A new study has shown that proneness to divorce may not be governed, as we currently think, by nurture, but by nature. Through looking at adopted children, researchers of Virginia Commonwealth University and Lund University in Sweden have found that divorce could be encrypted in your genes.

Many studies have proved that children of divorced parents are more likely to go on to divorce themselves than children whose parents remained married. Until now, it has commonly been suggested that this is because children internalise and imitate their parents’ own behaviour in relationships, thereby falling at the same hurdles. These qualities tend to include a difficulty to commit and struggling to manage conflict. Marriage counsellors and therapists currently approach couples going through a relationship breakdown from the perspective that, growing up, these individuals learnt bad habits which can be reversed.

However, a paper titled ‘Genetics, the Rearing Environment and the Intergenerational Transmission of Divorce: a Swedish National Adoption Study’ to be published in the next edition of the journal Psychological Science demonstrates that divorce may in fact be hard coded.  Dr Jessica Salvatore, assistant professor in the College of Humanities and Sciences at VCU and the principal author, had a simple question to answer: “why does divorce run in families?”. The research conducted by Virginia Commonwealth University and Lund University suggests that genetic factors are the primary reason behind divorce.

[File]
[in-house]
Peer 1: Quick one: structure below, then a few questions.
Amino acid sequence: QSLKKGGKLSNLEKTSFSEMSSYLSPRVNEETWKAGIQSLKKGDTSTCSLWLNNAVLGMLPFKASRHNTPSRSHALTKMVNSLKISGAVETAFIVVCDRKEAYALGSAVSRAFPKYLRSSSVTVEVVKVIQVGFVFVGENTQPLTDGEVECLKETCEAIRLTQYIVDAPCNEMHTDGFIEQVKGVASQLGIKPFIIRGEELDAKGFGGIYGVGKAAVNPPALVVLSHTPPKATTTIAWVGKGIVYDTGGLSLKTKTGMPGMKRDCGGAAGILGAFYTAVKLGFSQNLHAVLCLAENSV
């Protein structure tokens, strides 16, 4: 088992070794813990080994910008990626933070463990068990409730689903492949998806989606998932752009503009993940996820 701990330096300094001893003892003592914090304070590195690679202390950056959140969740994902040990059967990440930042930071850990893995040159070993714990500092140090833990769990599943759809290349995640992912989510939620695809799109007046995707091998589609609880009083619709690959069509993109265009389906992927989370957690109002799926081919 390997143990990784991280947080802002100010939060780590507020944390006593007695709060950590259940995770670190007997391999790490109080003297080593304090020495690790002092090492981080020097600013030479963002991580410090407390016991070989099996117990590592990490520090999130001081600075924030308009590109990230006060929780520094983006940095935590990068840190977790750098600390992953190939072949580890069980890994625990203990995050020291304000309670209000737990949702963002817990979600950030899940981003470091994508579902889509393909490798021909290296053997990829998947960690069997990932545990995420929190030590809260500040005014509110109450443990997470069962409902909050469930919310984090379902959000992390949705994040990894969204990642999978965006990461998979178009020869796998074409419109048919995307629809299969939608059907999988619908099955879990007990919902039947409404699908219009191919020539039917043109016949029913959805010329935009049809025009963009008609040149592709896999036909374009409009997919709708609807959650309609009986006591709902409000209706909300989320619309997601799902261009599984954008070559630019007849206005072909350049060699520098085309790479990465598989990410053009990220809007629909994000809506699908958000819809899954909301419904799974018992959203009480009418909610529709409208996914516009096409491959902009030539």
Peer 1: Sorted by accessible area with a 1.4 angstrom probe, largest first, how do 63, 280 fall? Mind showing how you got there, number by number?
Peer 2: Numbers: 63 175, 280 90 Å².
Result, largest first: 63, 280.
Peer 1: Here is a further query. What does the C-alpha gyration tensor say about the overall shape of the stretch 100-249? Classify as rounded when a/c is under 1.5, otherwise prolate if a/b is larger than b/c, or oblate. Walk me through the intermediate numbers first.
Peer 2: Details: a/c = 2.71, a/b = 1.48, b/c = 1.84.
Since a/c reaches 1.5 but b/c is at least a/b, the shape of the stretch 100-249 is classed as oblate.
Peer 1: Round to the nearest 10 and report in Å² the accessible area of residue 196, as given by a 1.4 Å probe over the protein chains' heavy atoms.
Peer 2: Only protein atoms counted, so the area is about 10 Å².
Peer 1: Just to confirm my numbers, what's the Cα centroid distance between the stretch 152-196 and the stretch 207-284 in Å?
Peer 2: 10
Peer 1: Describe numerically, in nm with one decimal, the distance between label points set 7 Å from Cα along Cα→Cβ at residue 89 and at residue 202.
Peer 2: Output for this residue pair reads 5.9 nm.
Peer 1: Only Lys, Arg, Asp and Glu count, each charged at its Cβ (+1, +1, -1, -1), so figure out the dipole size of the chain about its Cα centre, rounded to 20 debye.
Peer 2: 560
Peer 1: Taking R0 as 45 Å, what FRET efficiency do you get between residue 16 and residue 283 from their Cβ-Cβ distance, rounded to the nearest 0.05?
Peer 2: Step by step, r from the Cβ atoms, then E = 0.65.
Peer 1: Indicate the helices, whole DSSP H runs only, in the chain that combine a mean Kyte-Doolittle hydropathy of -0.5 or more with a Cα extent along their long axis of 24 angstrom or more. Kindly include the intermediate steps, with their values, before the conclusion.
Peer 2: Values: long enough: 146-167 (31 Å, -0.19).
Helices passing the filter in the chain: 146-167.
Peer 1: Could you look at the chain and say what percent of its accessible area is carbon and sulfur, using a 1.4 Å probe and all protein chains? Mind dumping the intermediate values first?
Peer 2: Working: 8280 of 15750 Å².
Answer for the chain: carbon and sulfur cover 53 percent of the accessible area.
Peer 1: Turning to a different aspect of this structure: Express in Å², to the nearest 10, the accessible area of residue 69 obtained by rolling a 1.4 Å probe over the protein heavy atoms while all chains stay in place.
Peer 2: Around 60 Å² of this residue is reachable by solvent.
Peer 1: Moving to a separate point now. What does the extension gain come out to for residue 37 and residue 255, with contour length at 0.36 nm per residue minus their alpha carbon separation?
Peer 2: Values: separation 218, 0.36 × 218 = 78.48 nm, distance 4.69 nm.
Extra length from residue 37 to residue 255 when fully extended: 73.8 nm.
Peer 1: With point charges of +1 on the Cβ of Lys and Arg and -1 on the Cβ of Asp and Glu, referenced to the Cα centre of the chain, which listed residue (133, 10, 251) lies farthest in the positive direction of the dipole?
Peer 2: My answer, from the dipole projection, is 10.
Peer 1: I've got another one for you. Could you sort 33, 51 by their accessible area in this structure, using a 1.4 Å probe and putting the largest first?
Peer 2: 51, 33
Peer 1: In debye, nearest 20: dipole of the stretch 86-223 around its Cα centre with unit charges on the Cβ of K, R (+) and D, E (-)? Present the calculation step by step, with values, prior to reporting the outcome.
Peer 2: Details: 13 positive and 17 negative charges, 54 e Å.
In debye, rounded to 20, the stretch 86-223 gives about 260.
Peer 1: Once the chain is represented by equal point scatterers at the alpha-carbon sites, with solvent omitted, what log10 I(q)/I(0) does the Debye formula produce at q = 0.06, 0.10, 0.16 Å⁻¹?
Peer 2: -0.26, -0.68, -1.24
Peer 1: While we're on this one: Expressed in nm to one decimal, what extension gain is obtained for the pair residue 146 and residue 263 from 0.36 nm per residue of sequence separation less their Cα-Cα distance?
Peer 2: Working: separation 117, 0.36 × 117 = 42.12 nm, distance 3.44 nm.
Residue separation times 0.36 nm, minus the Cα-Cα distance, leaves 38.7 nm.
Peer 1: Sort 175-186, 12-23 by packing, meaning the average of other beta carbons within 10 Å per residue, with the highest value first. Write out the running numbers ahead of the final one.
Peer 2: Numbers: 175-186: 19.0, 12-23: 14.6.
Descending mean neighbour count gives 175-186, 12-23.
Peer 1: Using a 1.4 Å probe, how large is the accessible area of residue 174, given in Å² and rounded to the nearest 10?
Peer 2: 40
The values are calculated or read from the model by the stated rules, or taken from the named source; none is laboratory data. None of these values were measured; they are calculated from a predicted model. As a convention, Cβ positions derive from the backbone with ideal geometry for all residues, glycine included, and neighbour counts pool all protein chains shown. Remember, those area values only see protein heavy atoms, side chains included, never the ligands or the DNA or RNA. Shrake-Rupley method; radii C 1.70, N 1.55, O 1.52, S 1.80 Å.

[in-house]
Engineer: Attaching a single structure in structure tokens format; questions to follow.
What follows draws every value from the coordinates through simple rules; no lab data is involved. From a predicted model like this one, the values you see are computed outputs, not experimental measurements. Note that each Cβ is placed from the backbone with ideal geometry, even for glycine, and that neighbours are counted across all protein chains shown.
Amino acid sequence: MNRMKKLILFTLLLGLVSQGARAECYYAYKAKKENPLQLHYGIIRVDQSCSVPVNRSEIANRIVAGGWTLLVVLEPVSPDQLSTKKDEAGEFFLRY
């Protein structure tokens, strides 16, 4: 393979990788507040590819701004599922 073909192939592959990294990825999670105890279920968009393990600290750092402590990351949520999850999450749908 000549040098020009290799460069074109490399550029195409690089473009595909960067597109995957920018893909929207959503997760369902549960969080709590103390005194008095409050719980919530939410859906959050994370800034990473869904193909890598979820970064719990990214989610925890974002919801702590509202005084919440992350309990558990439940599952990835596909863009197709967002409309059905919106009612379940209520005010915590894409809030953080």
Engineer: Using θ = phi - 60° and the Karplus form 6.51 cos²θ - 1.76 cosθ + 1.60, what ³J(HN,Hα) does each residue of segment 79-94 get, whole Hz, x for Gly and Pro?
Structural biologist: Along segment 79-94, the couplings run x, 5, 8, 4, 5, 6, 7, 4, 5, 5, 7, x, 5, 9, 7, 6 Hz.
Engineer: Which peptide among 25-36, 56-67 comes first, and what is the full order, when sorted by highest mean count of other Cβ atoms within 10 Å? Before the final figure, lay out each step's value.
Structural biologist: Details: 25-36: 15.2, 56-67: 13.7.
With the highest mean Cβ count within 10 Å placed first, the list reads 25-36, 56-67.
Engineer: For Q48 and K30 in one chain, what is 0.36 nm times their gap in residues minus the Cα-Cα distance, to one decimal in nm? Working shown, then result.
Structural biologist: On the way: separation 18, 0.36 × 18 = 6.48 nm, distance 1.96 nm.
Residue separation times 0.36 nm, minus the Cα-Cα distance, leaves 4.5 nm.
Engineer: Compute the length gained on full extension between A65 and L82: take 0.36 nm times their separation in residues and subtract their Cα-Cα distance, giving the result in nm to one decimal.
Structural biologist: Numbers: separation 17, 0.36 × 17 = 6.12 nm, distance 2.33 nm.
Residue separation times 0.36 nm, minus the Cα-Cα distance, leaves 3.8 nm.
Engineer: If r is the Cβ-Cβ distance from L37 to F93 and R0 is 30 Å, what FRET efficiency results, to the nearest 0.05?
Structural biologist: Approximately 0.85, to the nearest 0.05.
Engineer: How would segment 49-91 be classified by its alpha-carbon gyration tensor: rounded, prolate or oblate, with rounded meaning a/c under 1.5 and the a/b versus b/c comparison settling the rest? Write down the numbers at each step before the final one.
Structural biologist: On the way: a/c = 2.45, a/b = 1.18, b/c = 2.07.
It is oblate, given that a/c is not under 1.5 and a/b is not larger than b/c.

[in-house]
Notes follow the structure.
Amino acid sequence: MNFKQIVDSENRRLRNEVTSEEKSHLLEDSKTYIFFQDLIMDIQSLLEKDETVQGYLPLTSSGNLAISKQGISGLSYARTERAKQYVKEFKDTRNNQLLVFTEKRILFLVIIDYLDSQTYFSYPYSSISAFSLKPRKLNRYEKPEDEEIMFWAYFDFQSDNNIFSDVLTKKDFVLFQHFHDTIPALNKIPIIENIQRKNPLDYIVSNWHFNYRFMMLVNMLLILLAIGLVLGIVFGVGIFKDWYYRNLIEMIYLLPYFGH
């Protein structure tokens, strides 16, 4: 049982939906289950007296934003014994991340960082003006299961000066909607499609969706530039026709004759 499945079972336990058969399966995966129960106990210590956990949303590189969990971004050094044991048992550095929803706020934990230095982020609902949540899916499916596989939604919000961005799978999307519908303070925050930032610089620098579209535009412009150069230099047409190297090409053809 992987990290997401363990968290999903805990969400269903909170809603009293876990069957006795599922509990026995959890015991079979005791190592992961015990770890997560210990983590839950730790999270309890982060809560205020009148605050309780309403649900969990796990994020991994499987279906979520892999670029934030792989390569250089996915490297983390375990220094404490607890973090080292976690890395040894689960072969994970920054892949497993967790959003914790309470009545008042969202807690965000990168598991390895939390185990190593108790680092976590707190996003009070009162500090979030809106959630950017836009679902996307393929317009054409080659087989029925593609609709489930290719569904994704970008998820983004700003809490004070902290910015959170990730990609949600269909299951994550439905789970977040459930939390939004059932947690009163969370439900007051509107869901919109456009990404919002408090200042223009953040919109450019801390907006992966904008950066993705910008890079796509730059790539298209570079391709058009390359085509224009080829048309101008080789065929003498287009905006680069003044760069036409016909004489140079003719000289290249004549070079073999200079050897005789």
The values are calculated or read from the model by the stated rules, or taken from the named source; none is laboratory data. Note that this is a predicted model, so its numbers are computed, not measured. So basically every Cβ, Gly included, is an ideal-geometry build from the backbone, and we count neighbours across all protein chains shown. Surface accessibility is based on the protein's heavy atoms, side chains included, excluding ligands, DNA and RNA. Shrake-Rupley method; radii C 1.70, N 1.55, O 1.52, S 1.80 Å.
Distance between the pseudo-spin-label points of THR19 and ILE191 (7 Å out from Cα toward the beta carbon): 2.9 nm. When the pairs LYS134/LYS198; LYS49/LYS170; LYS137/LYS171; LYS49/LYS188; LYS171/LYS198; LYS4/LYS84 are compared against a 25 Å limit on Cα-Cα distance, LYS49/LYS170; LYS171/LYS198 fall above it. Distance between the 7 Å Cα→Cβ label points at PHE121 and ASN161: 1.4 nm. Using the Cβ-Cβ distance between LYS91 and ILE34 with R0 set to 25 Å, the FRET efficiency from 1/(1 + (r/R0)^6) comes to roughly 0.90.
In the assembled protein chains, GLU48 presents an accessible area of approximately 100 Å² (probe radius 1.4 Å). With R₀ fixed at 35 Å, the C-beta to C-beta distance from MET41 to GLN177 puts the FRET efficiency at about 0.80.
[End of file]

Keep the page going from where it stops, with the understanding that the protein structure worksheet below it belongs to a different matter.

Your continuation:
The academics analysed Swedish population registries and discovered that people who were adopted follow their biological parents and siblings’ histories of divorce, not their adoptive family:

“We found consistent evidence that genetic factors primarily explained the intergenerational transmission of divorce”.

Co-author Dr Kenneth Kendler, professor of psychiatry and molecular genetics at VCU commented that this is a “significant finding”, since although therapists have always approached divorce from a psychological perspective, “our results contradict that, suggesting that genetic factors are more important”.

If this study bears weight among marriage counsellors, a cognitive-behavioural approach will have to be taken to tackle relationship problems. This body of research suggests that it is the genetically transmitted behavioural traits which are responsible for marital breakdown so therapists will have to work to counteract or supplement people’s natural tendencies, for instance high levels of negativity and neurosis and low levels of constraint.

This recent research is the largest study to address genetic impact on divorce and the first to properly examine the biological factors. However, whether likelihood to divorce is based on psychological or genetic features, it still stands that people whose parents’ divorced are more likely to follow suit and so these marriages will continue to need more guidance and support.